Driven to Succeed

2015 should have been a great year for Edgar Wright. He’d first made his name in British TV, including “Spaced,” a series starring Simon Pegg that was a wildly inventive comedy. Switching to film, he created the Three Flavors Cornetto trilogy with Pegg and Nick Frost: Shaun of the Dead, Hot Fuzz, and The World’s End. Then he got the chance to write and direct Marvel’s Ant-Man, a dream project for Wright that he’d pushed to do for a decade. It would have been a major breakthrough into Hollywood, but “creative differences” led to Marvel replacing him at the start of filming. (He did get story and screenplay credits, but he’s said he’ll never watch the film.) Some people could be broken by the experience. Instead Wright has come back with his best picture ever, and my favorite film of the summer that doesn’t star Gal Gadot. Baby Driver takes the classic crime drama and gives it a nitro-injection that puts it into a new class.

Baby (Ansel Elgort) is a getaway driver par excelance. Atlanta crime boss Doc (Kevin Spacey) puts together different crews for different capers, but he always uses Baby to drive, almost as a good luck charm. The opening sequence underlines his prowess with a hi-octane race through the streets of Atlanta after a bank robbery executed by Buddy (Jon Hamm), Darling (Eiza Gonzalez), and Griff (Jon Bernthal).

A car accident when he was a child killed his beloved mother and abusive father, and left him with tinnitus that he plays music to cover. Baby lives with his adoptive father, Joseph (C.J. Jones), a wheel-chair bound deaf-mute who doesn’t approve of Baby’s work with Doc. Then Baby meets Debora (Lily James), a waitress in a coffee shop, and falls hard for her. He has one more job to do to settle a debt with Doc, and then he dreams of getting away with Debora. But getting out isn’t that easy.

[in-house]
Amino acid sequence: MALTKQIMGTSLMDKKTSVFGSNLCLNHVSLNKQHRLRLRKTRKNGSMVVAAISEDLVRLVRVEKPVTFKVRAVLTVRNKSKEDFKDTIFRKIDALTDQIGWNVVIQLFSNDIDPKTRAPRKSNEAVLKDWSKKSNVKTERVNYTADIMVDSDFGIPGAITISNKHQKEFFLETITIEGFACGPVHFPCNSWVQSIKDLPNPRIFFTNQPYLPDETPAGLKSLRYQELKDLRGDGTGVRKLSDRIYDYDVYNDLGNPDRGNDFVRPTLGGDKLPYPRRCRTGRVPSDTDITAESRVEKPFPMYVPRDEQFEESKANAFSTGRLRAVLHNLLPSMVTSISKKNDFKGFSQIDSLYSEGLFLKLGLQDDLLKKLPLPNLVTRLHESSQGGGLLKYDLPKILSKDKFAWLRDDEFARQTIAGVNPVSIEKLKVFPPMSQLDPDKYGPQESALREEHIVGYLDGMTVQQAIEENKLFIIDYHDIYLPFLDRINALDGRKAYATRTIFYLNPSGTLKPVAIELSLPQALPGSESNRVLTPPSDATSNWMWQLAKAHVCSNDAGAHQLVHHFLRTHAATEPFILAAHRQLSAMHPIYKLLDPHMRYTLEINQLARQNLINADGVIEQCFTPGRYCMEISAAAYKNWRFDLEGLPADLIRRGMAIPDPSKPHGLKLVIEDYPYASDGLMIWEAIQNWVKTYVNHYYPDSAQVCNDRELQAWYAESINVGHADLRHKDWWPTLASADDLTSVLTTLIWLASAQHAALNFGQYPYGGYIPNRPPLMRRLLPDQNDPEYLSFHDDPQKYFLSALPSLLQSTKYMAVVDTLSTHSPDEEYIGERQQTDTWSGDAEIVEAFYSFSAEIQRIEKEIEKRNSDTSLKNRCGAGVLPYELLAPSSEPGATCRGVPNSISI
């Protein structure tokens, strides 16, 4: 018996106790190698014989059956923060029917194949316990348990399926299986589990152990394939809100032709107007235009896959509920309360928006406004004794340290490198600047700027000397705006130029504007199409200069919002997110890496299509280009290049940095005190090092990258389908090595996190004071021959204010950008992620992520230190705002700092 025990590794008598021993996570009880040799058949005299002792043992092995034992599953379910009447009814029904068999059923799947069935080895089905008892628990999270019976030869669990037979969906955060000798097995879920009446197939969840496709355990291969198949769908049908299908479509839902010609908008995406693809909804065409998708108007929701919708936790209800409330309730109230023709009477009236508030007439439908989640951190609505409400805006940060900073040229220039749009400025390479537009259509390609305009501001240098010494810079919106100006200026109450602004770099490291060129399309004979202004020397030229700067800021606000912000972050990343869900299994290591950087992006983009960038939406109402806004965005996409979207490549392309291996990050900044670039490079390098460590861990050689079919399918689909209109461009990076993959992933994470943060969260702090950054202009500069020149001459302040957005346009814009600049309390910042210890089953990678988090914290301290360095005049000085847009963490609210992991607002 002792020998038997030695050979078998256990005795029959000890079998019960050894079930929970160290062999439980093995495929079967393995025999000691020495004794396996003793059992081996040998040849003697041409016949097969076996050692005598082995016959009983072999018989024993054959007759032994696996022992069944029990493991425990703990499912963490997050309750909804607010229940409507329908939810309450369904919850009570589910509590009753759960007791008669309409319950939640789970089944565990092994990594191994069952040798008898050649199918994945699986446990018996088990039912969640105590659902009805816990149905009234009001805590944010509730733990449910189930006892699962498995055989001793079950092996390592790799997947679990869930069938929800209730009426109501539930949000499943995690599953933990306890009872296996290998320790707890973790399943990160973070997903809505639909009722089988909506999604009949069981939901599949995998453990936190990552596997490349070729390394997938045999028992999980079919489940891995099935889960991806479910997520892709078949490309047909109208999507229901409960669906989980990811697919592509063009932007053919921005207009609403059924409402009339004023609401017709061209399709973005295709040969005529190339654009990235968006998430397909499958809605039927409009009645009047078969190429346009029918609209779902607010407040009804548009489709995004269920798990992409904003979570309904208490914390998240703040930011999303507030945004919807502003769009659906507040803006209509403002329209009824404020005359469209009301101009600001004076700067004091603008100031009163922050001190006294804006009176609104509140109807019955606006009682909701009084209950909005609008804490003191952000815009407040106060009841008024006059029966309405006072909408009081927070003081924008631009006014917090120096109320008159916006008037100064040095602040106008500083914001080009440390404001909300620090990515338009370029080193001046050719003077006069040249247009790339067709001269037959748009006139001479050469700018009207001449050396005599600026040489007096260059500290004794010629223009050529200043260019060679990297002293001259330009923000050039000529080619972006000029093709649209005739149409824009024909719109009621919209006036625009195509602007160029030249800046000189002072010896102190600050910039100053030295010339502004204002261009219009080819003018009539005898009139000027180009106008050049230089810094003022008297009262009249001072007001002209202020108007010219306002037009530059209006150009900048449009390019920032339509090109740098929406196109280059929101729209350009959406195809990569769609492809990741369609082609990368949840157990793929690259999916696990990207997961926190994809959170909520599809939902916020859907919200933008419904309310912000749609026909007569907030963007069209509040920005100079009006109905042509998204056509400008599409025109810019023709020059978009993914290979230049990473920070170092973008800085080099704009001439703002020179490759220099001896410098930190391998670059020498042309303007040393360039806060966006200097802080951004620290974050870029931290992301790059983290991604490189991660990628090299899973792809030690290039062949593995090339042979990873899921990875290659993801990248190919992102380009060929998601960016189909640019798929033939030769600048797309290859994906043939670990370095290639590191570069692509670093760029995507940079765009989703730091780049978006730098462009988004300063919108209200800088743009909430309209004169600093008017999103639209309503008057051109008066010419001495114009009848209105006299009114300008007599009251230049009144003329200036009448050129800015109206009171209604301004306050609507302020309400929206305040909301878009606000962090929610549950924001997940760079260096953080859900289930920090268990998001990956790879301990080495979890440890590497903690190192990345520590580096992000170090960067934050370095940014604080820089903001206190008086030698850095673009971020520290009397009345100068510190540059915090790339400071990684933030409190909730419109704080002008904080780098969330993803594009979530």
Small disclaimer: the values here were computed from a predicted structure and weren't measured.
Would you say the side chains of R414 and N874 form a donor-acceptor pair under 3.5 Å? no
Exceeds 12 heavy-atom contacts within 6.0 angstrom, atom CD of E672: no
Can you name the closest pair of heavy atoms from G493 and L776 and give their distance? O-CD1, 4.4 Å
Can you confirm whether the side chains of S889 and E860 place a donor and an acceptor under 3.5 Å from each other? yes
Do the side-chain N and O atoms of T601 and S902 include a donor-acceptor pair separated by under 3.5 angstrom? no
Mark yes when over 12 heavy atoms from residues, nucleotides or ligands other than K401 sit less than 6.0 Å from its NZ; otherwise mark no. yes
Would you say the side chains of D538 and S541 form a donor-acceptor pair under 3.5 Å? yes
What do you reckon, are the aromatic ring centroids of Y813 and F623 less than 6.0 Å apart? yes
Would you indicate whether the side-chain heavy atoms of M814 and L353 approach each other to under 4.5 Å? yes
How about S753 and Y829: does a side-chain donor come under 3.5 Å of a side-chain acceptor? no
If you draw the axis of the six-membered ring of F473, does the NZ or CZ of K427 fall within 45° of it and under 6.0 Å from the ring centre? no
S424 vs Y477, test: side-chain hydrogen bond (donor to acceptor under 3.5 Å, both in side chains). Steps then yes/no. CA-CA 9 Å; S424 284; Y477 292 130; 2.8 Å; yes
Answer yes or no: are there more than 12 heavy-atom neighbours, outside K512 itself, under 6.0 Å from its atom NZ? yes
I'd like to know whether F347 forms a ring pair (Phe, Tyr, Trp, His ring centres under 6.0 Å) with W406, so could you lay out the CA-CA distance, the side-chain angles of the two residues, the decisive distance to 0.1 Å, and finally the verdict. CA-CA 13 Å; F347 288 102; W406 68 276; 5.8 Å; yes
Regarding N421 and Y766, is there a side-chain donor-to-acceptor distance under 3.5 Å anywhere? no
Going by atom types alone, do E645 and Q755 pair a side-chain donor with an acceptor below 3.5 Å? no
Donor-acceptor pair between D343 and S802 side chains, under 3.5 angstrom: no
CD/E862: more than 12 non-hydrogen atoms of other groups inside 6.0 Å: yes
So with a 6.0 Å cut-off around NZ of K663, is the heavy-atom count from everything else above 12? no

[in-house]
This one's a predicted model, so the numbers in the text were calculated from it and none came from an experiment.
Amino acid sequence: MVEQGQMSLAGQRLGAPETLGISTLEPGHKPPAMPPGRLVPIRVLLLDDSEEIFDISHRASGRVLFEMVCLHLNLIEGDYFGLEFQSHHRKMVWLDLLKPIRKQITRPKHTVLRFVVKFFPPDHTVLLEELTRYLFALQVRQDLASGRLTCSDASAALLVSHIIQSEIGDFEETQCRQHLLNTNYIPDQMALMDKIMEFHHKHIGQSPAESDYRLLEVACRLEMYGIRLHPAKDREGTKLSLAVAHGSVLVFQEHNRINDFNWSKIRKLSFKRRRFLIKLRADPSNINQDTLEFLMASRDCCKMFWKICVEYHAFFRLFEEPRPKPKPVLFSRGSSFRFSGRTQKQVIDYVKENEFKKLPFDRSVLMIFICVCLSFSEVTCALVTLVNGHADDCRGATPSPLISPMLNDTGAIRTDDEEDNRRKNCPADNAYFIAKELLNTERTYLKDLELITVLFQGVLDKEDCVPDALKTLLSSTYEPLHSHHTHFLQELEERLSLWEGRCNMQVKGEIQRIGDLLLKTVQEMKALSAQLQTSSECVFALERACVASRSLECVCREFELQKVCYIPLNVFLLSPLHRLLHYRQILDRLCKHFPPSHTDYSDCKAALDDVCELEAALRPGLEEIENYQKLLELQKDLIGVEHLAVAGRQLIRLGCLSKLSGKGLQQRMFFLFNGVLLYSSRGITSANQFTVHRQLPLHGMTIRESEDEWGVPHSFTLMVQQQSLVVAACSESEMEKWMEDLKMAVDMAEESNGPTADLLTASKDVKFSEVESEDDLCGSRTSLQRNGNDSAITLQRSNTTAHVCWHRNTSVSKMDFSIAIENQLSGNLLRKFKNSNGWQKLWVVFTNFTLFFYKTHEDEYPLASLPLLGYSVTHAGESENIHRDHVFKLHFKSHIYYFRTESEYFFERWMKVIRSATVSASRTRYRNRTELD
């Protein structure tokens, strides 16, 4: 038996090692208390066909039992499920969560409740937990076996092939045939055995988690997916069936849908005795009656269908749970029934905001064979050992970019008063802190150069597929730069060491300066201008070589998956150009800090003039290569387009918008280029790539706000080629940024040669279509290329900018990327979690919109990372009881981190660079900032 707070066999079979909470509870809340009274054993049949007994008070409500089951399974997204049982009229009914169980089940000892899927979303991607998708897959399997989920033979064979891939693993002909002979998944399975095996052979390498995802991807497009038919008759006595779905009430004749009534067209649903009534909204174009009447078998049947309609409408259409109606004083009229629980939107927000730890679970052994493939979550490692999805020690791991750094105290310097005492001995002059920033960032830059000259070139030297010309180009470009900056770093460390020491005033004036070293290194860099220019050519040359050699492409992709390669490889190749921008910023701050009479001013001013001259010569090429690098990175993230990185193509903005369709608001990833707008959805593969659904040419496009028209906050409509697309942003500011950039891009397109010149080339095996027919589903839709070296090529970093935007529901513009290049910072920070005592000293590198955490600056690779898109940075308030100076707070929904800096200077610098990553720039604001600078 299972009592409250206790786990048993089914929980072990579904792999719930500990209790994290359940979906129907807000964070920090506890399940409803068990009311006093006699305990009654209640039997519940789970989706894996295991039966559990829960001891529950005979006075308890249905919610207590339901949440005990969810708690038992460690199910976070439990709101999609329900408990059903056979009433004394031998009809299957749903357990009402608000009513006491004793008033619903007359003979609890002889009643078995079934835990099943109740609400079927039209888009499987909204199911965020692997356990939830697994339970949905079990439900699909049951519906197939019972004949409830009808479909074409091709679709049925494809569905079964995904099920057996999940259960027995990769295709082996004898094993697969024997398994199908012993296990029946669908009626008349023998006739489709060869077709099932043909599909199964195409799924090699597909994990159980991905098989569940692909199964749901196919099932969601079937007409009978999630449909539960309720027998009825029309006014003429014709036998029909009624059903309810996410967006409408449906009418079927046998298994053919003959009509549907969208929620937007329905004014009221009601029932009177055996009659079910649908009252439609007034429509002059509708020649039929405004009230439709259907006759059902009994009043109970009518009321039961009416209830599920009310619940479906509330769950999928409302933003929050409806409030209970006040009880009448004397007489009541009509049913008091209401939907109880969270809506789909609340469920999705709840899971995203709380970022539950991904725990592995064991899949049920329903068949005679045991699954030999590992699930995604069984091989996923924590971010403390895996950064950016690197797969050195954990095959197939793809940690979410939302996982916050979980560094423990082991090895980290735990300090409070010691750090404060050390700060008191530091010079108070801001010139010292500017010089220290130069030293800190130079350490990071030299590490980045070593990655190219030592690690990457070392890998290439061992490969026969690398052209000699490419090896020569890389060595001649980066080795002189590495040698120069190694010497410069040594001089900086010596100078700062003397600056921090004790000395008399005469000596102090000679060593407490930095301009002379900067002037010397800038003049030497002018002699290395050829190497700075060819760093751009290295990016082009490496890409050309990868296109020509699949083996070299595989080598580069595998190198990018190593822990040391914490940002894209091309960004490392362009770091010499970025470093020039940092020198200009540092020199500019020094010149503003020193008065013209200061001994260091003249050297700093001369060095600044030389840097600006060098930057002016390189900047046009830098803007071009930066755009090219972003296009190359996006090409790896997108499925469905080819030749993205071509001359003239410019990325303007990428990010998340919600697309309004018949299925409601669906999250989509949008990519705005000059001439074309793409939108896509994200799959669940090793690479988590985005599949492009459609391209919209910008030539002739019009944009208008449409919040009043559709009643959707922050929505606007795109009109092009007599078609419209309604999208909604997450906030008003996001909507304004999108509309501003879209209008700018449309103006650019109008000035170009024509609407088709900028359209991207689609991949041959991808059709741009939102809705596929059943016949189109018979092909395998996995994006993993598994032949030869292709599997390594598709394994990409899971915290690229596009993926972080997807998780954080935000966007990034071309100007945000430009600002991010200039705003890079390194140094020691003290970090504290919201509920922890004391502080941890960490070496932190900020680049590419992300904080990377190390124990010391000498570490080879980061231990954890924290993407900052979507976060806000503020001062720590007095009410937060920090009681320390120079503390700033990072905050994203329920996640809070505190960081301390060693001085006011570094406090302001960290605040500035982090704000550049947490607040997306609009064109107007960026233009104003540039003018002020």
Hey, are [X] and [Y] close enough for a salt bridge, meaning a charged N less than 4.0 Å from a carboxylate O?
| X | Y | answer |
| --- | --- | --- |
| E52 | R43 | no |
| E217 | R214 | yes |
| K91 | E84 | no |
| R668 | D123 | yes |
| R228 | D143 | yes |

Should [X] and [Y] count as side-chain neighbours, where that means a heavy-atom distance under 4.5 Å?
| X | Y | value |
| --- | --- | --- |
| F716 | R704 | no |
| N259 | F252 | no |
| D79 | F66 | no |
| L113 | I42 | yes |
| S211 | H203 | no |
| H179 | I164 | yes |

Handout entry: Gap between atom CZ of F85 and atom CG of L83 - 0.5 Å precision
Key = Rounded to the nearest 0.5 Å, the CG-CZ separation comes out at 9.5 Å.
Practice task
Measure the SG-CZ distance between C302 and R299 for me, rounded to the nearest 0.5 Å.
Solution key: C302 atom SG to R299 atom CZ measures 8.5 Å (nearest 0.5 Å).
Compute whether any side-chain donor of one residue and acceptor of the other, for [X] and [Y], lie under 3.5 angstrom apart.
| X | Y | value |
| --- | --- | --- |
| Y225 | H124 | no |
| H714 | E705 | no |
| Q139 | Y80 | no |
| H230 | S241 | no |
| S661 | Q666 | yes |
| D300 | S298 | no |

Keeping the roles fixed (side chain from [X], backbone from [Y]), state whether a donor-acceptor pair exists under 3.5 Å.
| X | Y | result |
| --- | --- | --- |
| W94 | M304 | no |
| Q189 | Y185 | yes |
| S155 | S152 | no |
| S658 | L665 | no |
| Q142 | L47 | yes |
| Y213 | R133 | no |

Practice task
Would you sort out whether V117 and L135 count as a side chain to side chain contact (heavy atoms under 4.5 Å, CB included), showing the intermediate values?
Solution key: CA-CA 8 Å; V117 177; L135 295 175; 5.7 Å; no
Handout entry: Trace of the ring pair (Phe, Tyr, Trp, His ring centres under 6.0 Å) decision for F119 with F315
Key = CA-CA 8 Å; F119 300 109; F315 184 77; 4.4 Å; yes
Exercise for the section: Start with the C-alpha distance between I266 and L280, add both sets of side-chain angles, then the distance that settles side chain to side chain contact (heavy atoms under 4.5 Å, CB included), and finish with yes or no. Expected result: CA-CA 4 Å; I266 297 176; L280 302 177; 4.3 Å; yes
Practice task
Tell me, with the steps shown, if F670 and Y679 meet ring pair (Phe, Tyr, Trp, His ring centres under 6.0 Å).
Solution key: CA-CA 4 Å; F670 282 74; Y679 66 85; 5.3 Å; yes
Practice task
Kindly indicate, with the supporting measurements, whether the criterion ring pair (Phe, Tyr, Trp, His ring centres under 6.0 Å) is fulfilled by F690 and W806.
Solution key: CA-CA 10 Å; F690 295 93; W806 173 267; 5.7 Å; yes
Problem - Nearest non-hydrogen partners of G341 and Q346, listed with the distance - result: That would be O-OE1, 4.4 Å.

As usual, Wright both directed and wrote the original script, and it retains his trademark comedy flair. A robber is told to get Michael Myers/Halloween masks and instead gets Mike Myers Halloween masks. Later, Baby takes Doc’s 8-year-old nephew along while casing a robbery target, and the kid proves better at the job than Baby. He also has a tracking shot during the opening credits that would have made Orson Welles envious (something he’d also done at the beginning of Shaun of the Dead). But in Baby Driver they’re pace points to give the audience a chance to breathe. When Baby’s behind the wheel, that chance is gone. Wright went old school with the action sequences, eschewing green screen and actually choreographing the chases with stunt drivers. You can practically smell the burnt rubber.

While shot mostly in the brilliant sunlight of Atlanta, Baby Driver has the DNA of film noir. Wright creates serious tension with Spacey’s and Hamm’s characters, as well as a lethal Jamie Foxx who comes in midway through the film. It gives a sharper contrast to Baby, who is bothered if anyone is harmed in the course of the capers.

Elgort made a name for himself with YA movies (The Divergent series, The Fault in Our Stars, Paper Towns) but here he graduates to an adult, action role and handles it beautifully. Lily James was luminous in Cinderella. In this film she oozes southern charm, even though the south that she’s from is Southern England. Hamm, Spacey, and Foxx have a field day with their roles, especially Hamm, though a wonderful discovery is Eiza Gonzalez. Her Darling is a bonny Bonnie to Hamm’s Clyde, and she matches the others in lethal intensity.

Wright has crafted an awesome soundtrack for the movie, blending T. Rex, Queen, and Beck with Martha and the Vandellas, Golden Earing, and Barry White. It underpins the movie, and at times even adds commentary to the action. The credits feature Simon and Garfunkel with their eponymously titled “Baby Driver” off of the “Bridge Over Troubled Waters” album.